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‘Quitting the ECHR Would Create a ‘Fertile Environment’ for Modern Slavery’

Suella Braverman’s wish to leave the European Court of Human Rights would empower those seeking to enslave some of the world’s most vulnerable people

Suella Braverman. Photo: Associated Press / Alamy

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Suella Braverman this week expressed her wish for the UK to leave the European Court of Human Rights (ECHR). This has been described as a political move to shore up her support among right-wing Conservative MPs, following a series of policy failures, including the evacuation of the Bibby Stockholm asylum barge after Legionella bacteria was found on board.

However, while leaving the ECHR might help Braverman’s political career, it would also put at risk what is left of the UK’s support for victims of modern slavery.

The passage of the Illegal Migration Bill earlier this year catalysed a series of policies that have stripped down the support available for victims of modern slavery and has resulted in the UK being accused of falling in breach of the European Convention on Action against Trafficking in Human Beings. Should the UK now also leave the ECHR, as Braverman desires, it would therefore put at risk the fundamental rights and freedoms of some of the most vulnerable people in the country.

It would also be the latest in a series of measures which have, as Phillipa Roberts, Head of Policy and Research for Hope for Justice told Byline Times “taken ten years worth of steps backwards” for the rights of modern slavery victims.

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Victims Betrayed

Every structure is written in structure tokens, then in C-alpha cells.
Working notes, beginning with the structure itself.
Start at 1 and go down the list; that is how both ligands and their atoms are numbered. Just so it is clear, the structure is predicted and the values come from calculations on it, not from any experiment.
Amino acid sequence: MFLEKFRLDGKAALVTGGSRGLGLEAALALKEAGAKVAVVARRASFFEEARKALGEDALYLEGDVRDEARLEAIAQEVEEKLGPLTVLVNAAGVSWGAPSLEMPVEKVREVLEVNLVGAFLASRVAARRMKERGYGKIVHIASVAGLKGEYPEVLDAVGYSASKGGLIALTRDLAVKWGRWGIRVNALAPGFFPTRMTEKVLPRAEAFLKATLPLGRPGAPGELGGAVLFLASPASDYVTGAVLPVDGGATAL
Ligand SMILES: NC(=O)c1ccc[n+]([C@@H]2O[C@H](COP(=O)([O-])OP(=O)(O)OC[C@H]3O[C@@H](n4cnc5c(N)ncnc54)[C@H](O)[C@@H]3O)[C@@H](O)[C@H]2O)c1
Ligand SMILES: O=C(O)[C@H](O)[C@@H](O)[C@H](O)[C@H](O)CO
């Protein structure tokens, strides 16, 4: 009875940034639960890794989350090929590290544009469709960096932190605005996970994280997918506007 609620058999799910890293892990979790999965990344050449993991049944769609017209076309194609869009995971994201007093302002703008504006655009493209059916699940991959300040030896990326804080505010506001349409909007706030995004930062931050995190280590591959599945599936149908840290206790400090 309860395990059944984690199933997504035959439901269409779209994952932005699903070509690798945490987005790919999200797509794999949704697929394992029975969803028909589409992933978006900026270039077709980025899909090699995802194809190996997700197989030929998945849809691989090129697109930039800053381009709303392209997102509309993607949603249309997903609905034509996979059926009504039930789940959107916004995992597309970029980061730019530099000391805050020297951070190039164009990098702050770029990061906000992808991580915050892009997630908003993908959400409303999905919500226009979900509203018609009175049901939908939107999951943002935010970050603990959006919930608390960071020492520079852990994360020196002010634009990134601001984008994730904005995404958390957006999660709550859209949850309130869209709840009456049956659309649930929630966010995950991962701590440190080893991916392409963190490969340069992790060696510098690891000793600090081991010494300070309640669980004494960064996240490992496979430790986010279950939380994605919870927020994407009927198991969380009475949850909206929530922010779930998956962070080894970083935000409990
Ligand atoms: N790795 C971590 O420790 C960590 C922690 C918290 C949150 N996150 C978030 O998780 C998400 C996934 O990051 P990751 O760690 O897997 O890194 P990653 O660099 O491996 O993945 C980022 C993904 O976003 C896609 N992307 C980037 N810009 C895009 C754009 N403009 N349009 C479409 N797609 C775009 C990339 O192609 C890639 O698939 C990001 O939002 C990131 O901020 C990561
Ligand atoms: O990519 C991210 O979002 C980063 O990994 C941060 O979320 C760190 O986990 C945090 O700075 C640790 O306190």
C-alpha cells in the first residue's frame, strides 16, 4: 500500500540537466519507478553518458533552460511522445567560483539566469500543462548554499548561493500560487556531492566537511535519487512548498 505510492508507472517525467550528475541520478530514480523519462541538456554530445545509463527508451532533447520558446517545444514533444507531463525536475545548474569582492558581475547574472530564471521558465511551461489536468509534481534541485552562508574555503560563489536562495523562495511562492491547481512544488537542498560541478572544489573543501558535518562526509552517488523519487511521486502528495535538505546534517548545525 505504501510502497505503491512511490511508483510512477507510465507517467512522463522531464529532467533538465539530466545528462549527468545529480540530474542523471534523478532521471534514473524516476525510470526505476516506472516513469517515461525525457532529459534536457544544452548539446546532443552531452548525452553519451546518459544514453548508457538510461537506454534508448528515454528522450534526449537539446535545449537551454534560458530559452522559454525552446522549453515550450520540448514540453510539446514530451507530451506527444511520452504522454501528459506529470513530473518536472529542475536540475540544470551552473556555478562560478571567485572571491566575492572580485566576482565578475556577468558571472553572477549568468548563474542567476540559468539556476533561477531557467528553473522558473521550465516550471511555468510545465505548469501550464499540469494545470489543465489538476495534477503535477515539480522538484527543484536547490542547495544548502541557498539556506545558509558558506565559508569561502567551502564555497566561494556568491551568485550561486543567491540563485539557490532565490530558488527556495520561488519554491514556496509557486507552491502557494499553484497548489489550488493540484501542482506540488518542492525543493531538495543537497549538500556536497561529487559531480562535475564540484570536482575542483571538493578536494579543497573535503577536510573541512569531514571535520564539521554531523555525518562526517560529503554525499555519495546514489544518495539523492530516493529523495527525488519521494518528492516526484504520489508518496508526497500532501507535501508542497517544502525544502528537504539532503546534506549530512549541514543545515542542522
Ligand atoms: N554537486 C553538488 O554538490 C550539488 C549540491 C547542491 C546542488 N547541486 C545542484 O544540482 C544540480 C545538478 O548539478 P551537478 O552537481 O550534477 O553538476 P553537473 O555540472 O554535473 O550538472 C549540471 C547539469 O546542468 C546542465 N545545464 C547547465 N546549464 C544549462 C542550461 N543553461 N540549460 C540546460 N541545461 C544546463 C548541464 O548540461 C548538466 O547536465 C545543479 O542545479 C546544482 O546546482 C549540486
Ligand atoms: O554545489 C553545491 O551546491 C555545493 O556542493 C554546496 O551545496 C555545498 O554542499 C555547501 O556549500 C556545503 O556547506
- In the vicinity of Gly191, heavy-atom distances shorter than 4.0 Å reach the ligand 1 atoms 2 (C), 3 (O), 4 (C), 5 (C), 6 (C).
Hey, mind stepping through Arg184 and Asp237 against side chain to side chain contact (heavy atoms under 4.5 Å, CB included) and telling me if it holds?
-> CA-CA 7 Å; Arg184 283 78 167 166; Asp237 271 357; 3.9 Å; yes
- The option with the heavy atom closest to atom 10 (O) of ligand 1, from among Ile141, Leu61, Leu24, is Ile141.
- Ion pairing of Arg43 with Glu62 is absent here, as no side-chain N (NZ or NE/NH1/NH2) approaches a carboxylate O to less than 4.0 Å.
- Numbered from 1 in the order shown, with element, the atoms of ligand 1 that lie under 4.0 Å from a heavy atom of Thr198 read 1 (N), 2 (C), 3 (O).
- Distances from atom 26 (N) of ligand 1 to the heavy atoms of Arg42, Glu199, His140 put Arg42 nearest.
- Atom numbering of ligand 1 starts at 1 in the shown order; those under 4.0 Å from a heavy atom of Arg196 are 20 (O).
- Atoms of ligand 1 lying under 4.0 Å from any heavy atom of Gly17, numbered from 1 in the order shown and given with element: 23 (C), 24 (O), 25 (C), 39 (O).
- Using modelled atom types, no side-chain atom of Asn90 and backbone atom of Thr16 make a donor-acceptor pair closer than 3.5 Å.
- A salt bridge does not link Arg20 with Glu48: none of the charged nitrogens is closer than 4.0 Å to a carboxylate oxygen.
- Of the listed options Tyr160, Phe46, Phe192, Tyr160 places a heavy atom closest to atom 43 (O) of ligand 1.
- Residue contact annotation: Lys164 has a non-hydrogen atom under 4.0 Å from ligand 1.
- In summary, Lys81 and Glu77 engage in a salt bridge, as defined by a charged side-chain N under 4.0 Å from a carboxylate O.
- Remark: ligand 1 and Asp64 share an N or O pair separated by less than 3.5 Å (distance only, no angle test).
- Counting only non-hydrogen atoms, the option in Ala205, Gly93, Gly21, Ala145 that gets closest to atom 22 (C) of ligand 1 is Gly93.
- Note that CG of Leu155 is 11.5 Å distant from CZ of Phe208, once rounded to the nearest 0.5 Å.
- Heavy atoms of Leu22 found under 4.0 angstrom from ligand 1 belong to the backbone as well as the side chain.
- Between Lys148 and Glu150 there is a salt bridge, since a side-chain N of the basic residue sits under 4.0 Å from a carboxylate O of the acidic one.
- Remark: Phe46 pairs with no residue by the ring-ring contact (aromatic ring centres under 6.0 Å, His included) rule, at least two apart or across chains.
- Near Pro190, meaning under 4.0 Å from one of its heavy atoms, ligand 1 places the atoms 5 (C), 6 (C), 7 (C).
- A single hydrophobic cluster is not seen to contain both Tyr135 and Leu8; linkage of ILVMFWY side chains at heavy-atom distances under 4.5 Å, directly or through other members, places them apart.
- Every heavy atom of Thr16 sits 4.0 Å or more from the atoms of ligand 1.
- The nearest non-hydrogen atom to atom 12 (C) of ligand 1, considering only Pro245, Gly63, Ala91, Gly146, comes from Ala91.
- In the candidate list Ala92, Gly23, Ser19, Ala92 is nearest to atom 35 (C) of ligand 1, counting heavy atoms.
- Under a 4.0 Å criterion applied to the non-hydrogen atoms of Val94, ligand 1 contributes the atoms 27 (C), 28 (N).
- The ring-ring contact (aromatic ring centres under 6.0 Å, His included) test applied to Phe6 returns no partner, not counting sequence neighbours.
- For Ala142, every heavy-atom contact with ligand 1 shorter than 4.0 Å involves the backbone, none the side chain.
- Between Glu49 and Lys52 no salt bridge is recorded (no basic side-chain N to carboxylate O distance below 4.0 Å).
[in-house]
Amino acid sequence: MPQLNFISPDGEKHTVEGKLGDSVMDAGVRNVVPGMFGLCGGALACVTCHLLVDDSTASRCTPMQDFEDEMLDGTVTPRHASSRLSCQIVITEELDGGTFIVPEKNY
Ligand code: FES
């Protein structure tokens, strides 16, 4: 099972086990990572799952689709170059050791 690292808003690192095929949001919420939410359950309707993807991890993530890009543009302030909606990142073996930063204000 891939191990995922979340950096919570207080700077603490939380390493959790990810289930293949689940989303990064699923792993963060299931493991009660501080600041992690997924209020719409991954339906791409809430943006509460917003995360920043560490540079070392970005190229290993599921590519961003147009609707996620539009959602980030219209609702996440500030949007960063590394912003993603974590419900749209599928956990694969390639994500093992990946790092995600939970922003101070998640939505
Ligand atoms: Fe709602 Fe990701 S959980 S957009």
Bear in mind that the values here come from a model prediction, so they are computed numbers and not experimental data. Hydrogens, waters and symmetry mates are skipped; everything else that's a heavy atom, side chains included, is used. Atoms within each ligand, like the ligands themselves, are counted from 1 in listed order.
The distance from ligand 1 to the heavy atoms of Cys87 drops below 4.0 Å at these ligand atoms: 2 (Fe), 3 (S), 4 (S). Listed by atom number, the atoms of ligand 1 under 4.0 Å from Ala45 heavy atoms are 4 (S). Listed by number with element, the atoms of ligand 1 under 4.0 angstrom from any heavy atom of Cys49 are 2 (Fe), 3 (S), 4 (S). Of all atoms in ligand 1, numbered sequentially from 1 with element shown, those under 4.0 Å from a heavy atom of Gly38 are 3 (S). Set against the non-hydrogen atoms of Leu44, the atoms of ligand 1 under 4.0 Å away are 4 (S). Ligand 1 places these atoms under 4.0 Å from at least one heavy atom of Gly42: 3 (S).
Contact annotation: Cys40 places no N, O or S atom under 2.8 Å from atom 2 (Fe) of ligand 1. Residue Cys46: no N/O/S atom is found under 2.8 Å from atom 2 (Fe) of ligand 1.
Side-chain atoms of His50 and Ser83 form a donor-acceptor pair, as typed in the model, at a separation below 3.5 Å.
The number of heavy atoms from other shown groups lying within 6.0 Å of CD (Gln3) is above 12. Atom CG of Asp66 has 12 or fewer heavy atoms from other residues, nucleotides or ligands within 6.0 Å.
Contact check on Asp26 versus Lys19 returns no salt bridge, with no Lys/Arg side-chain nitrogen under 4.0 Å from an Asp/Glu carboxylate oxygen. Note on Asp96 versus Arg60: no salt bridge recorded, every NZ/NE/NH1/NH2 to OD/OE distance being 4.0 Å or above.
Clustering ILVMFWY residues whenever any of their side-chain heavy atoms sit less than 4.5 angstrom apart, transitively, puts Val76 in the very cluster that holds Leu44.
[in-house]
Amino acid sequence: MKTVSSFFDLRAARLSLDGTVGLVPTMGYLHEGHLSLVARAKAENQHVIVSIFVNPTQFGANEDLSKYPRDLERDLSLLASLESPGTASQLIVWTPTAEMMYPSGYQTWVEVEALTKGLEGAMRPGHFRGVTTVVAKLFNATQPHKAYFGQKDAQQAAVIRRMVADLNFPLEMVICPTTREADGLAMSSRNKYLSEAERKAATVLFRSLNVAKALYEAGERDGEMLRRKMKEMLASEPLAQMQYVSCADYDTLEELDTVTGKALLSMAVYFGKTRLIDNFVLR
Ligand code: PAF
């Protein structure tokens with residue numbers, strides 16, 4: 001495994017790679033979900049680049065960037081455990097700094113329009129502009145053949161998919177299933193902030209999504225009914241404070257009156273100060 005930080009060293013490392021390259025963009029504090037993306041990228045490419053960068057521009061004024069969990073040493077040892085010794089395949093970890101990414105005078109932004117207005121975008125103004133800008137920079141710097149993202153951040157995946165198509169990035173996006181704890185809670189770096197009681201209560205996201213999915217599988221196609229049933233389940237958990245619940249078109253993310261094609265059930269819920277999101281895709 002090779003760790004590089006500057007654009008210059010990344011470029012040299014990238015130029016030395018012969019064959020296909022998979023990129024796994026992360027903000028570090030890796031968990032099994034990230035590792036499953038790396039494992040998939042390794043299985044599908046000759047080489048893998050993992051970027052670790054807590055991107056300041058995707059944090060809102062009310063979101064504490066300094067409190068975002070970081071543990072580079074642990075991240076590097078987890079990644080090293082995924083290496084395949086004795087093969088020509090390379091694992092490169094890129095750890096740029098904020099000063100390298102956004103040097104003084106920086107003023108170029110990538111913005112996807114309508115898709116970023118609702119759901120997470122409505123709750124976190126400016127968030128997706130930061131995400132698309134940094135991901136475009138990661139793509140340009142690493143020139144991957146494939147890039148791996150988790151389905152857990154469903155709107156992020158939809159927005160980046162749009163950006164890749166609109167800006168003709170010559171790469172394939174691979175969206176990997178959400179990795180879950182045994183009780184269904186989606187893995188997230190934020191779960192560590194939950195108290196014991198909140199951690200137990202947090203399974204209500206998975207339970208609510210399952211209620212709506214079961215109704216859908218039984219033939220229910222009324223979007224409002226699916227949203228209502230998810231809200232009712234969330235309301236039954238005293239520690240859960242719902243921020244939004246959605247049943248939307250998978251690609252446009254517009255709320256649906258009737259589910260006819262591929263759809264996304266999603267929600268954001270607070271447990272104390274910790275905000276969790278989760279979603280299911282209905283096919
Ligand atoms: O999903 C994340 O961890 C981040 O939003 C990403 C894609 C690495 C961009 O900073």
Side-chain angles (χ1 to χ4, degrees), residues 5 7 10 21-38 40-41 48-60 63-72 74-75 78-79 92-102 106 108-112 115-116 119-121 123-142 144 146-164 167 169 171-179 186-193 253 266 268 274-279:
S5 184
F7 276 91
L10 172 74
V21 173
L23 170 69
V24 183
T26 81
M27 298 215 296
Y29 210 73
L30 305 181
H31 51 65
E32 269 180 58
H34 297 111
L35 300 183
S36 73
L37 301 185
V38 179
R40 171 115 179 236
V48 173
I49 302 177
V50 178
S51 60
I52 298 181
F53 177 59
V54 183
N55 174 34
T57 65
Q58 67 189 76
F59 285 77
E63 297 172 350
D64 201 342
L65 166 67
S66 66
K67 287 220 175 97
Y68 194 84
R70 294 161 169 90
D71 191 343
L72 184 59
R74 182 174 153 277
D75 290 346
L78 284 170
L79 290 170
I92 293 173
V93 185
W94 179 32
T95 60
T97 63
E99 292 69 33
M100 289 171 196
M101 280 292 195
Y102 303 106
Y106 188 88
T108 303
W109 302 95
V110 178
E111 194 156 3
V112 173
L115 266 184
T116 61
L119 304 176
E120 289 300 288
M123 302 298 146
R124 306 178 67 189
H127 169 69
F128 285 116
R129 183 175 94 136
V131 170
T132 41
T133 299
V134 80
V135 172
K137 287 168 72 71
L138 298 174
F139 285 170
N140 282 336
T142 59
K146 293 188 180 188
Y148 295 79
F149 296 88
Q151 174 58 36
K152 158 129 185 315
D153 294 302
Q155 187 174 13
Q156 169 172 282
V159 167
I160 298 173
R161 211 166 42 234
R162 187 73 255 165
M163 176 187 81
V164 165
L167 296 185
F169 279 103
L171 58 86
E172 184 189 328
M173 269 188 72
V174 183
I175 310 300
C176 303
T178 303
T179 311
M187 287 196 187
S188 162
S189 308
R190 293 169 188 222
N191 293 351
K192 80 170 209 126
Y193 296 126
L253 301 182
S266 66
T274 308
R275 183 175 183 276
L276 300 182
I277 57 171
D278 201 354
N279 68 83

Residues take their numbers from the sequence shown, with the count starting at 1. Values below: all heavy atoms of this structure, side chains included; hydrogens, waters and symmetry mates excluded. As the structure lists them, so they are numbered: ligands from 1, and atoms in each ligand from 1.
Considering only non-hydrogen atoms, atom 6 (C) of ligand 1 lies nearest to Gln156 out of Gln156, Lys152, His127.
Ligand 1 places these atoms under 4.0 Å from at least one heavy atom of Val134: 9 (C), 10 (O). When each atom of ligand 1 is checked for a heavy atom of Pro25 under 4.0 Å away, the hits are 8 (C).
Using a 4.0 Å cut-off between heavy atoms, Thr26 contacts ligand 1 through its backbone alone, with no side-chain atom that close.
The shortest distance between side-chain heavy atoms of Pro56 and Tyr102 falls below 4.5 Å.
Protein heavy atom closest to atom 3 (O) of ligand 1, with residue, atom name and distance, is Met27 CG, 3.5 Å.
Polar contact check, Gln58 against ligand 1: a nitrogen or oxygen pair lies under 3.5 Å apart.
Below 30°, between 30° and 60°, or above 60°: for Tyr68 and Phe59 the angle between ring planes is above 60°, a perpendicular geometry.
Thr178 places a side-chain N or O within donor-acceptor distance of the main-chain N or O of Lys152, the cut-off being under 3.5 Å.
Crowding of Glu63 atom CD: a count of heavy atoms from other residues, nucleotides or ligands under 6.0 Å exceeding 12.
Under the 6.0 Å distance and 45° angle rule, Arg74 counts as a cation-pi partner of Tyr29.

Braverman claimed in her interview with BBC’s Radio 4’s Today Programme that the ECHR is “a politicised court”, “interventionist” and “treading on the territory of national sovereignty”.

However, in reality the ECHR consists of judges that are entirely independent of their country of origin and do not represent either applicants or States.

It is true to say that the ECHR itself has faced some legitimate criticism of its handling of modern slavery cases, including over the Ranstev case in which a Russian national was trafficked into prostitution, subjected to sexual exploitation, and later found dead in Cyprus.

However, it has also played a crucial role in protecting modern slavery victims. If UK courts are unable to implement meaningful rights obligations, victims are forced to appeal to the ECHR to have their rights recognised by the UK Government. Therefore, without tthe UK being subject to the ECHR, then “freedom from torture and inhumane and degrading treatment and asking for freedom from slavery and forced labor” will go out the window, explained Ms Roberts. “The ECHR is an integral part of the legal framework that protects victims. And that’s regardless, actually, of whether the person who is a victim is a foreign national or a British national.”

In fact 25% of victims of modern slavery on British soil are British nationals meaning that the ECHR is as vital to people of British heritage as it is to those seeking to enter the country. 

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Human trafficking in the UK remains an expanding problem, with the number of victims increasing each year. The Annual Report for the National Referral Mechanism (NRM) data for 2022 noted 16,938 potential victims of modern slavery referred to the Home Office – a 33% increase compared to the preceding year, which stood at 12,706. This was the highest annual number since the NRM began publication in 2009.

Ms Roberts added that the removal of the UK from the ECHR would penalise victims for how they enter the country. It would deny them important access to identification, safeguarding and support, which also ultimately impacts on the ability of victims to provide evidence in prosecution cases and bring perpetrators to justice.